You are here: Home > Blogs > Library-Connect
Off Line

Library Connect banner

Dear Sugar

by Katherine - 0 Comment(s)

In my last post, I mentioned crying while watching my new favourite documentary “...and this is my garden”. And now, the tears are going mobile; I’m crying on the train! I don’t know what it is about the work of Cheryl Strayed that so touches me, but each time I read snippets of her advice column, I feel my eyes welling up. There’s something so powerful about her voice. She’s sympathetic and acknowledges others’ problems without ever judging them, and she sees life through a wide angle lens.

tiny beautiful things: Advice on love and life from Dear Sugar is full of the advice that your I’ve-already-seen-it-all grandmother might give you if she were a totally unbiased blogger (and occasionally used the F word). My colleague made a good point, too: the advice in Dear Sugar is usually prefaced by, or at least mentions, experiences from Sugar’s own life. This isn’t ol’ anonymous Ann Landers. Not at all. The author is totally exposed.

There are a few underlying themes that recur in almost every letter: have the courage to live your own life, regardless of your own fears or the reactions of other people; grow up and start being honest about who you are and what you need; accept that there aren’t going to be easy answers to the problems and relationships that vex you. And so on.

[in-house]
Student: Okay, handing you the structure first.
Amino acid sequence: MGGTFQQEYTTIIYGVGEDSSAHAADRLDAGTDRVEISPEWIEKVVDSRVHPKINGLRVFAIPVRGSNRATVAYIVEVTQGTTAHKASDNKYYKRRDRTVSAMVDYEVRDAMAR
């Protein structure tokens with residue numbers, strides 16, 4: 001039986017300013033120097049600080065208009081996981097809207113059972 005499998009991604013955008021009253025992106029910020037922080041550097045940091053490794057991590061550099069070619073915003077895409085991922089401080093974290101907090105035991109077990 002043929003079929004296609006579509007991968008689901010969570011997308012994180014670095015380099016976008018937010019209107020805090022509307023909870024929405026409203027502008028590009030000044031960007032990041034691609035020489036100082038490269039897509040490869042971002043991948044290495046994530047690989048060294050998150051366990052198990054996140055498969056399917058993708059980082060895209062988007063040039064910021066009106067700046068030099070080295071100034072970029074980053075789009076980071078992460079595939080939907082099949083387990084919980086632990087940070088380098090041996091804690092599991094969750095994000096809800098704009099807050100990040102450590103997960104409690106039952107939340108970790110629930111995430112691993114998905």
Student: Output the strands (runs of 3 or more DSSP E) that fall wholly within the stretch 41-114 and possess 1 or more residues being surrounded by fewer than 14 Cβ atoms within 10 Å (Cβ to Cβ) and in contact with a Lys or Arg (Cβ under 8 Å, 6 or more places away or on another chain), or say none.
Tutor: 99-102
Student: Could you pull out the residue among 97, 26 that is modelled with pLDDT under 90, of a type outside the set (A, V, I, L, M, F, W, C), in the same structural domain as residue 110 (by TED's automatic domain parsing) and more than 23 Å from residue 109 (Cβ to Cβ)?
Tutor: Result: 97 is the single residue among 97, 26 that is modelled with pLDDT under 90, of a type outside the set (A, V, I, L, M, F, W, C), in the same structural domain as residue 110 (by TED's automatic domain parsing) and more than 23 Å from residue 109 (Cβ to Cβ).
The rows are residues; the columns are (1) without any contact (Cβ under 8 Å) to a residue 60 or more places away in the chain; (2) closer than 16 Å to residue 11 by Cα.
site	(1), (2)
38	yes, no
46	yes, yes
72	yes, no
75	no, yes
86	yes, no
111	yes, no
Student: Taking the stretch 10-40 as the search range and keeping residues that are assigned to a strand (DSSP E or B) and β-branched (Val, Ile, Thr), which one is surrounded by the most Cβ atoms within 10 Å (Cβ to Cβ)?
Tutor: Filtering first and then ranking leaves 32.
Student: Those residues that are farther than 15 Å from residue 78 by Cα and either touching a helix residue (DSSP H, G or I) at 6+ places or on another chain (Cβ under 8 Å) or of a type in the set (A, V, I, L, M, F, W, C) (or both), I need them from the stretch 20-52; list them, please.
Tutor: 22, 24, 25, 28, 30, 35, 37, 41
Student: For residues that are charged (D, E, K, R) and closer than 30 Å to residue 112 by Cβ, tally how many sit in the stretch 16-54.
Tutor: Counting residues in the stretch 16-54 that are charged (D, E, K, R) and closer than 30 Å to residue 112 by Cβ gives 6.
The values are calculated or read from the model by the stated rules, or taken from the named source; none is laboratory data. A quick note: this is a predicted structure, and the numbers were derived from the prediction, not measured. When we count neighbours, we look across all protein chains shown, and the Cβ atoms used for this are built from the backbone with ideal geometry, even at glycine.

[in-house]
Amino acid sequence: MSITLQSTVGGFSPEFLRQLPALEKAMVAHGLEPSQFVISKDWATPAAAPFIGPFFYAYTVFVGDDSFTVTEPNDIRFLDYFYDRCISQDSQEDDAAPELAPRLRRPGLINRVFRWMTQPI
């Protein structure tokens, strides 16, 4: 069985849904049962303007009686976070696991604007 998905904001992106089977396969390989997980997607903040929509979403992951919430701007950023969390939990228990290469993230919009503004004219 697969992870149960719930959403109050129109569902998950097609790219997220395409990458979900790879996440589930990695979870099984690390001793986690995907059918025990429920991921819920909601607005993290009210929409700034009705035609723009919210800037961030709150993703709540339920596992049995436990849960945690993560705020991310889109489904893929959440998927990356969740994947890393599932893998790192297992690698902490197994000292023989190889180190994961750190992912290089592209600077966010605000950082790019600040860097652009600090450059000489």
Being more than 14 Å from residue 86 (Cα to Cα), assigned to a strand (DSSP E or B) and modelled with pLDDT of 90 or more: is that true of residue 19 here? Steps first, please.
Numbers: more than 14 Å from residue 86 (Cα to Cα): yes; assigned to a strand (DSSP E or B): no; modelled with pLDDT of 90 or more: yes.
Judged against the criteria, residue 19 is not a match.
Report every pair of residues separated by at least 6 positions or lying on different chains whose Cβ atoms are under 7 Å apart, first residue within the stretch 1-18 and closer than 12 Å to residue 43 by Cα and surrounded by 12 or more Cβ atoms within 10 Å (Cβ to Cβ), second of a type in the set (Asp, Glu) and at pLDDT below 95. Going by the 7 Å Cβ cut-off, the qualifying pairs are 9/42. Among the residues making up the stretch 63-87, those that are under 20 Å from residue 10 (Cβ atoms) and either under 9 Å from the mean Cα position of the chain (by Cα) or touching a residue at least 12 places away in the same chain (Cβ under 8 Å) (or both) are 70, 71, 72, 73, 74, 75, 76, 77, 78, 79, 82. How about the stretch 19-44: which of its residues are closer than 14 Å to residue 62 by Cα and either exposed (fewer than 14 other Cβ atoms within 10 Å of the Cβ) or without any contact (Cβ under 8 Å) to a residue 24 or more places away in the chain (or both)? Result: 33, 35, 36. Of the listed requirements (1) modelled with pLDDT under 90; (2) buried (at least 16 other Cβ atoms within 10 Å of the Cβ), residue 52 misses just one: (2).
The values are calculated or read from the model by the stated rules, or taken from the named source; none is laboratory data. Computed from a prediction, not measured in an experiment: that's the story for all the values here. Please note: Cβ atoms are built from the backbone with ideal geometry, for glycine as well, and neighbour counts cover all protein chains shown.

tiny beautiful things makes for the perfect summer read. Each column is only a few pages, so you can jump in and out, as your beach or BBQ schedule permits.

Check it out for tender and uplifting advice that you probably don't think you need to hear. But you do.

Skinny, Skinnier, Skinniest...

by Katherine - 0 Comment(s)

If you’re a documentary fan, then check out Thin, an amazing little film from HBO. Thin explores the progression of several women who are residents in an eating disorder recovery centre in the United States. One resident is a wayward teen and another is a university educated psychiatric nurse; it quickly becomes apparent that anorexia doesn’t discriminate based on age or education. But, I wonder – given that nearly every one of the residents was Caucasian – if there are some patterns related to ethnicity...? But, I digress...

The women in the centre are each close to or under(!) a hundred pounds and still believe that they have weight to lose. They obsess over every morsel ingested, and then try their damndest to eliminate those morsels by either vomiting or using diuretics, or squeezing the food out of their feeding tubes (yuck!). Sometimes they hide food rather than eating it at all. It’s an enormous struggle – and a tearful event – when one woman is obliged to eat a whole cupcake. With psyches this complex, it’s no wonder that the women have to receive treatment from a whole team of practitioners: counselors, doctors, dieticians, and others.